affirm, even if the reviewer would have reached a contrary result as finder of fact, and even if the
reviewer finds that the evidence preponderates against the Commissioner’s decision. Edwards v.
Sullivan, 937 F.2d 580, 584 n.3 (11th Cir. 1991); Barnes v. Sullivan, 932 F.2d 1356, 1358 (11th Cir.
1991). The district court must view the evidence as a whole, taking into account evidence favorable
as well as unfavorable to the decision. Foote, 67 F.3d at 1560; accord, Lowery v. Sullivan, 979 F.2d
835, 837 (11th Cir. 1992) (court must scrutinize the entire record to determine reasonableness of
Issues and Analysis
The ALJ must follow five steps in evaluating a claim of disability. See 20 C.F.R. §§ 404.1520,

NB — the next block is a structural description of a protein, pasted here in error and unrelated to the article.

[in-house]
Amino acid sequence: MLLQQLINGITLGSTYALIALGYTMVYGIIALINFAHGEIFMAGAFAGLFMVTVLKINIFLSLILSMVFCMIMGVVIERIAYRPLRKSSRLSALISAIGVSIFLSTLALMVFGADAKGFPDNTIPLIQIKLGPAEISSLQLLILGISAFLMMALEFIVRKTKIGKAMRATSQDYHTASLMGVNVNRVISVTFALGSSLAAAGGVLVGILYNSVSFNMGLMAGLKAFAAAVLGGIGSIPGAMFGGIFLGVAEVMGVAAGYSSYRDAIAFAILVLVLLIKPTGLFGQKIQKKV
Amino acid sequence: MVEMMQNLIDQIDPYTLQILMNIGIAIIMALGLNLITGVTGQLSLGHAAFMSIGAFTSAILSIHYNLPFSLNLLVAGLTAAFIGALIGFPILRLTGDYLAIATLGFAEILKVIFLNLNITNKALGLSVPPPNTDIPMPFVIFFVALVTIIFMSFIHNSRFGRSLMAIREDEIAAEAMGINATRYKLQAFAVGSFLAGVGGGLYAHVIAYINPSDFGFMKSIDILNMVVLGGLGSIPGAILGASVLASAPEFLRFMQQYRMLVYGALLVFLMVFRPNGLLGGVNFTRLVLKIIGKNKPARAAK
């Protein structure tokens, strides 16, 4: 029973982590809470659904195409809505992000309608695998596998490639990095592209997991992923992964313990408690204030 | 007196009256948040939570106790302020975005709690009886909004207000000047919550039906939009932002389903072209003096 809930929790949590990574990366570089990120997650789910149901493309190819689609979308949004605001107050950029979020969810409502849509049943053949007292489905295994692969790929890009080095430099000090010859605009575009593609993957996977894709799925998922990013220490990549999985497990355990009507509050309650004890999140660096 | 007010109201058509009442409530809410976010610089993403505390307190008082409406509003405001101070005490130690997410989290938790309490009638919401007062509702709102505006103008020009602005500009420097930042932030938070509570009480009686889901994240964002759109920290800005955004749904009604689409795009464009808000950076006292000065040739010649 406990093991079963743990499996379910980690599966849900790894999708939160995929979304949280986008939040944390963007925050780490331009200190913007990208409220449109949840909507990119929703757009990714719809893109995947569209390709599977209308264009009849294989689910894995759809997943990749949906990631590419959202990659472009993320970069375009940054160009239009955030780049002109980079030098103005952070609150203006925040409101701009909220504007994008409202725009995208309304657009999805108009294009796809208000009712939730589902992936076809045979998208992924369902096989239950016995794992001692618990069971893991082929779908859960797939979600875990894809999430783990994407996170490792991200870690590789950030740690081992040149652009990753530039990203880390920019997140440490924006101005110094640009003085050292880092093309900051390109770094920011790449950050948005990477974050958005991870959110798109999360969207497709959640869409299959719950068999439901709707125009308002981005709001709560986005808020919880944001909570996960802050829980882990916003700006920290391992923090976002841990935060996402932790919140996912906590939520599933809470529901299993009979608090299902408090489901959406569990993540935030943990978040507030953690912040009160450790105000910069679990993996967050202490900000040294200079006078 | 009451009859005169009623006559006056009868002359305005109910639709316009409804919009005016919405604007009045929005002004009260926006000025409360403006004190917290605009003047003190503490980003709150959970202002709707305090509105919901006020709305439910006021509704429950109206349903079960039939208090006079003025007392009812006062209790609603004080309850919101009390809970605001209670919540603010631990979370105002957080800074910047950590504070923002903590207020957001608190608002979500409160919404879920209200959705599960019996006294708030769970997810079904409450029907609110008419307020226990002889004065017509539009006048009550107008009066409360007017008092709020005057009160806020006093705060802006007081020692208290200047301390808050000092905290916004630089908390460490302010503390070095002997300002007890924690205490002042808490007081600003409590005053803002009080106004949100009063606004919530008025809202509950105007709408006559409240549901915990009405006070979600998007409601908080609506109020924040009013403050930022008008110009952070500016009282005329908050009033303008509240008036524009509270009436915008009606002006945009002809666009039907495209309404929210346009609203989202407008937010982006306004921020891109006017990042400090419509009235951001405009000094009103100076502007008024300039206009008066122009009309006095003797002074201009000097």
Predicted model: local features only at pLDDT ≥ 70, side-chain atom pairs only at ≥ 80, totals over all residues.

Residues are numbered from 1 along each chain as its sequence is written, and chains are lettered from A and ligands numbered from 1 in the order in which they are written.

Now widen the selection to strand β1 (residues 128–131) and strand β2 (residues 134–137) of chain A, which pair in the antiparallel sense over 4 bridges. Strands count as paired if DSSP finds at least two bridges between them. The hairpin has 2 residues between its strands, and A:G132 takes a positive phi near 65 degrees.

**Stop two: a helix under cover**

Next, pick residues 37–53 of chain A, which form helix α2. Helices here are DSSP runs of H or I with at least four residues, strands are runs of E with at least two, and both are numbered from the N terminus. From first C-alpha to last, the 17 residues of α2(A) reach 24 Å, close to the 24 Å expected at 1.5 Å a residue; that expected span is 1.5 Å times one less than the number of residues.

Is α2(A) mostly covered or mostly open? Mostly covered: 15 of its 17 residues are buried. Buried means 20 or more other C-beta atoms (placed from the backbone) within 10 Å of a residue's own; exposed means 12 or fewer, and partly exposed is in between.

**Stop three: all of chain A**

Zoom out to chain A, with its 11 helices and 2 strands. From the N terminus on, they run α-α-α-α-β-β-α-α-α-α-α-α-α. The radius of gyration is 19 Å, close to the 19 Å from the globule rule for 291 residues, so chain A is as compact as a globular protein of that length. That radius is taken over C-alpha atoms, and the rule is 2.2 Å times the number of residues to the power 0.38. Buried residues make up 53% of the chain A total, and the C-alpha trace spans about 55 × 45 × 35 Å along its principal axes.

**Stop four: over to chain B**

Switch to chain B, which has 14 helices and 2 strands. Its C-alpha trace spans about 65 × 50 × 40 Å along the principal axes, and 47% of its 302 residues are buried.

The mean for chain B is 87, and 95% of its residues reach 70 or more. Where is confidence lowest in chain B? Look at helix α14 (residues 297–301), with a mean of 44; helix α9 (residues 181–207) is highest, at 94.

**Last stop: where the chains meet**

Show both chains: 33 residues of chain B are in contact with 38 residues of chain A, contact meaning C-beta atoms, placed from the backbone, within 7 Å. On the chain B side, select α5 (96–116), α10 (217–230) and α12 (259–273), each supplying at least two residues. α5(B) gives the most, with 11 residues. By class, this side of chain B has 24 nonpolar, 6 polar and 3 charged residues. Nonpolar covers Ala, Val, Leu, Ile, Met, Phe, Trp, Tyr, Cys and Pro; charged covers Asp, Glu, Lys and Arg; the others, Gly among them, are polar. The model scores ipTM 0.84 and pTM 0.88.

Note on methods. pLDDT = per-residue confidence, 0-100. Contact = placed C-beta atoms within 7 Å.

416.920. First, if a claimant is working at a substantial gainful activity, he is not disabled. 29 C.F.R.
§ 404.1520(b). Second, if a claimant does not have any impairment or combination of impairments
which significantly limit his physical or mental ability to do basic work activities, then he does not
have a severe impairment and is not disabled. 20 C.F.R. § 404.1520(c). Third, if a claimant’s
impairments meet or equal an impairment listed in 20 C.F.R. Part 404, Subpart P, Appendix 1, he is
disabled. 20 C.F.R. § 404.1520(d). Fourth, if a claimant’s impairments do not prevent him from
doing past relevant work, he is not disabled. 20 C.F.R. § 404.1520(e). Fifth, if a claimant’s
impairments (considering residual functional capacity, age, education, and past work) prevent him